Edmund Yorke is senior lecturer in Defense Studies at the Royal Military Academy at Sandhurst and has written and researched extensively on the Zulu War. He was the historical consultant for the History Channel/Discovery Channel television documentary on Rorke’s Drift.
Battle Stories — Britain Overseas 2-Book Bundle
Two pivotal moments in British military history, separated by more than a century, yet both with decisive impacts on Britain’s national identity and power overseas. At Isandlwana, South Africa, as at Goose Green in the Falkland Islands, British commanders underestimated local forces and found themselves unprepared for the full extent of combat on the ground. One engagement ended in disaster and a total rethinking of tactics. The other, thanks to hard lessons learned, ended in British victory. Two renowned experts tell the full stories of both battles, complete with detailed profiles of key figures and a moment-to-moment breakdown of history in the making.
On January 22, 1879, a 20,000-strong Zulu army attacked 1,700 British and colonial forces. The engagement saw primitive weapons of spears and shields clashing with the latest military technology. However, despite being poorly equipped, the numerically superior Zulu force crushed the British troops, killing 1,300 men, while only losing 1,000 of their own warriors. It was a humiliating defeat for the British Army, which had been poorly trained and which had underestimated its enemy.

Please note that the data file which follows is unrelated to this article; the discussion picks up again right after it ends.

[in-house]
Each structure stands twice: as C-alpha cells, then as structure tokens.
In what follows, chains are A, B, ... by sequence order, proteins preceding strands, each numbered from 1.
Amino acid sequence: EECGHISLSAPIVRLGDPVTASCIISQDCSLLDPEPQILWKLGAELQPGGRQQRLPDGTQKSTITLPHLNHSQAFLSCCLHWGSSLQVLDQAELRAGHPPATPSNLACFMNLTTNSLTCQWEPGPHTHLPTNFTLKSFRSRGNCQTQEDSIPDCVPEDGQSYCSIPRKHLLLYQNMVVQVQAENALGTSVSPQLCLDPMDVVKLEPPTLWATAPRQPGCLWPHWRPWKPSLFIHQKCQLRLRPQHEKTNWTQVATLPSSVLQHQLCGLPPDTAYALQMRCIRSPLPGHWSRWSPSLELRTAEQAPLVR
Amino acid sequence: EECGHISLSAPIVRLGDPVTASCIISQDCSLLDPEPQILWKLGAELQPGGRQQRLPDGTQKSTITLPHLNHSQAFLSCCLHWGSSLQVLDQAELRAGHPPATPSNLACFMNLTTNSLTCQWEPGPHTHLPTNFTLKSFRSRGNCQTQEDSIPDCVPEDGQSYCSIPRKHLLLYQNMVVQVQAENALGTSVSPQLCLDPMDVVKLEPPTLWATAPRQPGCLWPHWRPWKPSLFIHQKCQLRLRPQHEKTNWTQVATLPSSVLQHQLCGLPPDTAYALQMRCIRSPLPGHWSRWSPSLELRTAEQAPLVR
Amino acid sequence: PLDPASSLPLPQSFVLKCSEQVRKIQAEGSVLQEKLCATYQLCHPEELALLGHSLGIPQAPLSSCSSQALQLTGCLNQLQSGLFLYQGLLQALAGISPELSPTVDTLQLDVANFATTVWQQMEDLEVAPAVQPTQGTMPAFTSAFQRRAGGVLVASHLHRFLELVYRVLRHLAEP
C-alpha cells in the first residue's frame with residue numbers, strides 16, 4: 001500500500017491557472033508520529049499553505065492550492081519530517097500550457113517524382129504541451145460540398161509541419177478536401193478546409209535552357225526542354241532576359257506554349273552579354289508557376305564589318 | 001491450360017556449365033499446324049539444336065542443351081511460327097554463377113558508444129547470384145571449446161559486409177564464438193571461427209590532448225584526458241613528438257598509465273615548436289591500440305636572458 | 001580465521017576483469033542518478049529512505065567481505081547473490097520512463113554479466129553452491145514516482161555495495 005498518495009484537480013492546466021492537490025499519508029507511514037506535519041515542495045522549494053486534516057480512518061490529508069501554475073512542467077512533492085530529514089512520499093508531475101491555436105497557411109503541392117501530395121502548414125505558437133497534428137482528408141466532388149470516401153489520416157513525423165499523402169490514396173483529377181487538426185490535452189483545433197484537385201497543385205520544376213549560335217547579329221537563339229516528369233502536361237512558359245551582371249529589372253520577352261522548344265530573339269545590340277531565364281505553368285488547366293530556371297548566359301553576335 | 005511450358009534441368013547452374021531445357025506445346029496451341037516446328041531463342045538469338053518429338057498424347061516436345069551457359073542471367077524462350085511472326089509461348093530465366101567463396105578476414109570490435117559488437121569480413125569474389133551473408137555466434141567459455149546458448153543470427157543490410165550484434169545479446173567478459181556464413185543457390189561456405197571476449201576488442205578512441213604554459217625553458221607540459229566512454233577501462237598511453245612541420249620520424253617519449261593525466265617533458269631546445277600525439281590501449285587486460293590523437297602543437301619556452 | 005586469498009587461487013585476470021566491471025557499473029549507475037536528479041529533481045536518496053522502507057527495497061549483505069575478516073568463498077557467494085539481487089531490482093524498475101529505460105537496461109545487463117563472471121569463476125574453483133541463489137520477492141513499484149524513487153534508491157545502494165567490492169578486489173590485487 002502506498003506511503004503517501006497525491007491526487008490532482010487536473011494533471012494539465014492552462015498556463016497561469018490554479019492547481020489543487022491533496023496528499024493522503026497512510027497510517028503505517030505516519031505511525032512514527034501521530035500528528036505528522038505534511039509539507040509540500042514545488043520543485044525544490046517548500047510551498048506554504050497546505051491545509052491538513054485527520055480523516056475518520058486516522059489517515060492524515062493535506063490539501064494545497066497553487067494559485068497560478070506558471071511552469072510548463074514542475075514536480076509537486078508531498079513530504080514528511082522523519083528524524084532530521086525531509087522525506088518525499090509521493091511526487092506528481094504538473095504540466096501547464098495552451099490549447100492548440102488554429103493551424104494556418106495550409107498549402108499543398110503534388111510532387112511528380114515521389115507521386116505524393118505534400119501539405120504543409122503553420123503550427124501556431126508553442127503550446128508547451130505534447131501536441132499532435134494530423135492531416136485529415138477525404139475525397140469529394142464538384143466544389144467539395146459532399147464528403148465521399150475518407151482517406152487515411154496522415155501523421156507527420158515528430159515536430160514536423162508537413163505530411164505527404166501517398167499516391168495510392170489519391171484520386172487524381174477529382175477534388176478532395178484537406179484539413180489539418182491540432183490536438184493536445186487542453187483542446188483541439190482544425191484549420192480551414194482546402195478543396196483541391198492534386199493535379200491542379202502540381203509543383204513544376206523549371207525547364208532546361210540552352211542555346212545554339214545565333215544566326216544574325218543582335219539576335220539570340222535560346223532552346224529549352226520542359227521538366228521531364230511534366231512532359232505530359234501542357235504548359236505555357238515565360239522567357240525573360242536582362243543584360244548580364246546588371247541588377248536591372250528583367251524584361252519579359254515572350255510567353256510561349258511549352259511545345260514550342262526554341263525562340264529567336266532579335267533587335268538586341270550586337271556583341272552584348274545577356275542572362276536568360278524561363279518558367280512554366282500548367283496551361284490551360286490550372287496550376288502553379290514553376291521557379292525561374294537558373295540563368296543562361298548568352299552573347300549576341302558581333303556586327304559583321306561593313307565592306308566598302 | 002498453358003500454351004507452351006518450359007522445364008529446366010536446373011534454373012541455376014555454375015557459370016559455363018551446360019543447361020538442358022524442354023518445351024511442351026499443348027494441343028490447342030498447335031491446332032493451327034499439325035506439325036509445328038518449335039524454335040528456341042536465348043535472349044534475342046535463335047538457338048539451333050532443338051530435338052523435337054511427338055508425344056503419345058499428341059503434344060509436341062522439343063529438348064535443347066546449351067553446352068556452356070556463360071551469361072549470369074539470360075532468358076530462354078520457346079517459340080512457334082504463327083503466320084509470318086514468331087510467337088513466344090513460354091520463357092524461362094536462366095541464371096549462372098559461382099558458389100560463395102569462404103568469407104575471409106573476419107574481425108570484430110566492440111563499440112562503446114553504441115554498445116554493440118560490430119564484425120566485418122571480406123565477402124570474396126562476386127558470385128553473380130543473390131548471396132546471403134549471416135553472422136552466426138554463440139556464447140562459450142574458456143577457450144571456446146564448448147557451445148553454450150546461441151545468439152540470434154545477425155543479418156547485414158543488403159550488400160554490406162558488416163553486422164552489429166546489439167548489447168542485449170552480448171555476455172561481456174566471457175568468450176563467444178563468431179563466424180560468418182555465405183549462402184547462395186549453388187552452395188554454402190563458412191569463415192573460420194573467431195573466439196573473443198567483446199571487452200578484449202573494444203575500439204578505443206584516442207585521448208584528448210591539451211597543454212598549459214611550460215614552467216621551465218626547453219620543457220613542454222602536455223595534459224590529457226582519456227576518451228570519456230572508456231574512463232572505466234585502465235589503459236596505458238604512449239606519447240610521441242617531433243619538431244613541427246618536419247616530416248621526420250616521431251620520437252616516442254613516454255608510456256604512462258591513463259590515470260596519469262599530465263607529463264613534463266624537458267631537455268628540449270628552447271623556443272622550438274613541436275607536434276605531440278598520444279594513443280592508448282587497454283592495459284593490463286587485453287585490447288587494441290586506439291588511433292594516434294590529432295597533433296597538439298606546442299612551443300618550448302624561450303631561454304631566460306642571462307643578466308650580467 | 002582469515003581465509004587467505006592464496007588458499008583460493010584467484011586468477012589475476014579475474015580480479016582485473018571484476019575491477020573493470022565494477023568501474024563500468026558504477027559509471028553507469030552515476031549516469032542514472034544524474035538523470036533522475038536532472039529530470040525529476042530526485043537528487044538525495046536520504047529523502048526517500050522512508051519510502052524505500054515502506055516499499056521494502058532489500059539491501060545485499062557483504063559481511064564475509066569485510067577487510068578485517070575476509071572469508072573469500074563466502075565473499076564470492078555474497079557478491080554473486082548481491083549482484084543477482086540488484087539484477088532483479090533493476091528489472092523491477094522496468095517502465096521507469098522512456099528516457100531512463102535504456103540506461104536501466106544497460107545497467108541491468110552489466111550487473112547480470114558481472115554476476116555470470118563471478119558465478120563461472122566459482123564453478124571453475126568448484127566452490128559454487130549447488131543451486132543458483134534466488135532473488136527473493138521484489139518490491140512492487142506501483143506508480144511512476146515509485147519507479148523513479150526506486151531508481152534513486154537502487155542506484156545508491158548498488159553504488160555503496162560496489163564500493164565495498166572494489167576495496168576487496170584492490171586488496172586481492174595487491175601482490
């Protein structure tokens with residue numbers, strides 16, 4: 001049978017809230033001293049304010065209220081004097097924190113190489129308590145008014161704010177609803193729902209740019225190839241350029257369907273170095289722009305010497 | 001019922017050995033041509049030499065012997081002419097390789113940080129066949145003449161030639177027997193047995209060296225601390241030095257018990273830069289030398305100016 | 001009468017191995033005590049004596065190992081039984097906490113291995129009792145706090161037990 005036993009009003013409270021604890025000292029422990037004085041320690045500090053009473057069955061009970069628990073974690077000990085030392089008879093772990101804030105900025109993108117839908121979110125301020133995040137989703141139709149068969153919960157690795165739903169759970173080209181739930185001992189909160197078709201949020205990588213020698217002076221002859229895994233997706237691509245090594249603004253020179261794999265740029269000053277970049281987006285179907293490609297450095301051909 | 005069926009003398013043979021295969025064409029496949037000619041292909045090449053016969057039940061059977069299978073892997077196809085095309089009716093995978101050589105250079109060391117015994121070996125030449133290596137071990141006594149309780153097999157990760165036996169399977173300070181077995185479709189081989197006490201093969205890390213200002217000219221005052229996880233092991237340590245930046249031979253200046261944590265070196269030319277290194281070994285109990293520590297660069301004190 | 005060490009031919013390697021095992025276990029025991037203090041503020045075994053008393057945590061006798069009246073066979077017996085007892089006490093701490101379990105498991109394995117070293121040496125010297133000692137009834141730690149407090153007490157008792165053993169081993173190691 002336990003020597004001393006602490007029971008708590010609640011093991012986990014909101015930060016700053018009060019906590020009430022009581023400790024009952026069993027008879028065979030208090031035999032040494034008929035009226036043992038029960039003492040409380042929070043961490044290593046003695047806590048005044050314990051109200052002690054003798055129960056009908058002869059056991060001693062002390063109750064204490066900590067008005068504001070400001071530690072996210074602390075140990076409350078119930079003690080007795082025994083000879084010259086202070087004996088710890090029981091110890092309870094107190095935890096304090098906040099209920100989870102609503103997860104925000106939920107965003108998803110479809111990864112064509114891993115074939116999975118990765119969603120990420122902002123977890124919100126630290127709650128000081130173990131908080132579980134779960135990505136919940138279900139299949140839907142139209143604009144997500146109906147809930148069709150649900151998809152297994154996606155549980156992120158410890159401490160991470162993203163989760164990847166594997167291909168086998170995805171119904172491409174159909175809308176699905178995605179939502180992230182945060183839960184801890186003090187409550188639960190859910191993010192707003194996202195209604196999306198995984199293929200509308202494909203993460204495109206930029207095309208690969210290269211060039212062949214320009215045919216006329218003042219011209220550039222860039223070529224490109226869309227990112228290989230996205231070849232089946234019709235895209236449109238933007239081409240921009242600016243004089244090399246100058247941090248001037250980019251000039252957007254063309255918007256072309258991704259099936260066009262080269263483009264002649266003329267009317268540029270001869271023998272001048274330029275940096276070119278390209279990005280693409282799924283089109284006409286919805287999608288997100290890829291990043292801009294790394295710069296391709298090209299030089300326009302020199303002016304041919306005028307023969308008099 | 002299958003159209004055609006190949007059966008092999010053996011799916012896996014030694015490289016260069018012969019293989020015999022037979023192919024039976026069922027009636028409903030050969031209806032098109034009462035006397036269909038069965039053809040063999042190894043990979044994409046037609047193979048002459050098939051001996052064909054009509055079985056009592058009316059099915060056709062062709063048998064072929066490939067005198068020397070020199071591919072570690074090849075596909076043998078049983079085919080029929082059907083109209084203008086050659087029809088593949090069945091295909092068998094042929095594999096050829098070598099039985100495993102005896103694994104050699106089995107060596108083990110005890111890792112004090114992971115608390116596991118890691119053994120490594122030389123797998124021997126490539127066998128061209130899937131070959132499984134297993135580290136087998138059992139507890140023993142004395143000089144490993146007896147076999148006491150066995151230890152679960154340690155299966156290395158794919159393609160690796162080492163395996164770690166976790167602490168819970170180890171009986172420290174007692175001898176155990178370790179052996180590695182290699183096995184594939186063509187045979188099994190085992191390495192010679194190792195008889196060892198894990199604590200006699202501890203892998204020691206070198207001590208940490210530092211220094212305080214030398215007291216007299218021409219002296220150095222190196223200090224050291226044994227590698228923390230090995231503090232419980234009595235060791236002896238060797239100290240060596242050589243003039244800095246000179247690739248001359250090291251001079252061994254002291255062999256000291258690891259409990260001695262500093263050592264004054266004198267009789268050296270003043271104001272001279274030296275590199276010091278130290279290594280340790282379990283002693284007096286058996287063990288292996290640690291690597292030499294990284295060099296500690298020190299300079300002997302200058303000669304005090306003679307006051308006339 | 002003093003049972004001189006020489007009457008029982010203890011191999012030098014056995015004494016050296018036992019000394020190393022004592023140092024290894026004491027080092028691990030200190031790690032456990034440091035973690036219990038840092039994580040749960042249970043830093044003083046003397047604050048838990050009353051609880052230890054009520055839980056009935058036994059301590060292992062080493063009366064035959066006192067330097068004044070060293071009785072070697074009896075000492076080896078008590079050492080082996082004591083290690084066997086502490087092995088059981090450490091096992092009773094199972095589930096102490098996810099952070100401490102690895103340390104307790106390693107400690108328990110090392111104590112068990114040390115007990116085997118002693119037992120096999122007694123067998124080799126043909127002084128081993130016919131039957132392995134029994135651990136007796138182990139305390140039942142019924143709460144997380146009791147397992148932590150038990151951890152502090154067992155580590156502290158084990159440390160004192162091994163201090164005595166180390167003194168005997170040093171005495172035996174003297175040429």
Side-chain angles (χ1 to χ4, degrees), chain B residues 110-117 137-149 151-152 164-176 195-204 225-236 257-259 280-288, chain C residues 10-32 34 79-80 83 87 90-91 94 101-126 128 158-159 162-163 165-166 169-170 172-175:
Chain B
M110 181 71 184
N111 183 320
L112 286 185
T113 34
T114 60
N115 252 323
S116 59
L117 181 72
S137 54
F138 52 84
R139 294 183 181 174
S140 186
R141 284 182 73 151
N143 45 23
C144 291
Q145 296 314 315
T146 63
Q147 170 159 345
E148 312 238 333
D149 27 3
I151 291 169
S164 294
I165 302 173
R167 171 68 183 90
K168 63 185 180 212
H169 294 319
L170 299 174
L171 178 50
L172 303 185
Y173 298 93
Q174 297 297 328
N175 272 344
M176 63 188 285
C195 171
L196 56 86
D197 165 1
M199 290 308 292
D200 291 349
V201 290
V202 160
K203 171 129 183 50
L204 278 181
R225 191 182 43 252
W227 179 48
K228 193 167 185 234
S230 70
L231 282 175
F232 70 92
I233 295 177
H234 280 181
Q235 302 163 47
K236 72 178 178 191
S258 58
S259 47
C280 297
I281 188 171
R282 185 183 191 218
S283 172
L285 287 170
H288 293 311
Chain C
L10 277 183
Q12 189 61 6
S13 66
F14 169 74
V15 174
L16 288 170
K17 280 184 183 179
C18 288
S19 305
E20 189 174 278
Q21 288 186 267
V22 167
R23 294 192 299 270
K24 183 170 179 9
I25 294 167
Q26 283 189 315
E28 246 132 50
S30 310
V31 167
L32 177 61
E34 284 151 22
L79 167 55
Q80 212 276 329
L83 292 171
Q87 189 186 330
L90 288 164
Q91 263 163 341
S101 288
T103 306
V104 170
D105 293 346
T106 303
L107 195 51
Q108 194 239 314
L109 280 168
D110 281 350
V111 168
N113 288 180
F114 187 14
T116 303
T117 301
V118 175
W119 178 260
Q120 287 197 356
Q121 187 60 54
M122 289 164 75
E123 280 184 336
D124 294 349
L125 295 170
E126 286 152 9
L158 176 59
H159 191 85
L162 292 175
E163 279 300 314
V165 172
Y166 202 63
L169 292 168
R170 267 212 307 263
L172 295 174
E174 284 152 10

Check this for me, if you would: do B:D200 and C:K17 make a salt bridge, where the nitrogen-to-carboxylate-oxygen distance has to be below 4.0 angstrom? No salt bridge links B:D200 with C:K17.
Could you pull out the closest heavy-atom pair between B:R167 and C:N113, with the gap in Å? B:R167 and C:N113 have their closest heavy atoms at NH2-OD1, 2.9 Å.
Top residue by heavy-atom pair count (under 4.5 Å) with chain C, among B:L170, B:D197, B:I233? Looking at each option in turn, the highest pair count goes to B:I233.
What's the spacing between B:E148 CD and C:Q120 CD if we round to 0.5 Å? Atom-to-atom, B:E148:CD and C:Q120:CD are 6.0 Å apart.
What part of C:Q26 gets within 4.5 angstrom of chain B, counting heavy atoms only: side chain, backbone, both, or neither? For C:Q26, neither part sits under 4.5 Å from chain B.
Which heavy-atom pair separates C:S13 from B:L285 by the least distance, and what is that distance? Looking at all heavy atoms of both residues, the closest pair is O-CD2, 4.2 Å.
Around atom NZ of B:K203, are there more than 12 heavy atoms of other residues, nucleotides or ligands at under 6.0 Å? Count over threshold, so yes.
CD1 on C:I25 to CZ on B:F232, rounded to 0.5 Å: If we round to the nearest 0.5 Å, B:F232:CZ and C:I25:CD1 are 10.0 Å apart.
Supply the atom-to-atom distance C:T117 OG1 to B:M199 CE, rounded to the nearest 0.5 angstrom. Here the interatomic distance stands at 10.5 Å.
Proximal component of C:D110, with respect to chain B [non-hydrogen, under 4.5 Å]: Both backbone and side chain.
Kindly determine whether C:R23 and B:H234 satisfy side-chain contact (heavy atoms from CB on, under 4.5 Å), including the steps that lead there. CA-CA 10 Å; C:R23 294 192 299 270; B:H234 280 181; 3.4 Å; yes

The defeat ensured that the British had a renewed respect for their opponents and changed their tactics; rather than fighting in a straight, linear formation, known as the Thin Red Line, they adopted an entrenched system or close order formations.
The defeat caused much consternation throughout the British Empire, which had assumed that the Zulu were no match for the British Army; thus, the army was greatly reinforced and went on to victory at Rorke’s Drift. Isandlwana 1879 puts you at the forefront of the action.
Goose Green 1982
The Battle for Goose Green has become an integral part of the Falklands story, and yet it nearly didn’t take place at all. Originally earmarked to be isolated, Goose Green was eventually attacked due to the loss of momentum in the invasion force.
The British 2 Para Regiment were deployed against the 12th Argentinean Regiment, which numbered about 1,200 men. The British believed that the Argentinean force numbered at least half this and set off with a strength of 690 men. They took two days’ rations, weapons, and ammunition in the belief that it would be a swift conquest.
There followed a bitter and bloody fight as the Argentine forces fiercely defended Goose Green. Despite reconnaissance, the British were hampered by trench systems that they had been unaware of. It was the first major engagement of the Falklands War.
Gregory Fremont-Barnes is Senior Lecturer in War Studies at Royal Military Academy, Sandhurst. He has previously lectured around the world and holds a doctorate in Modern History from Oxford. He has written widely on military history, and currently lectures at Sandhurst on the conduct of the Falklands War. He lives in Surrey.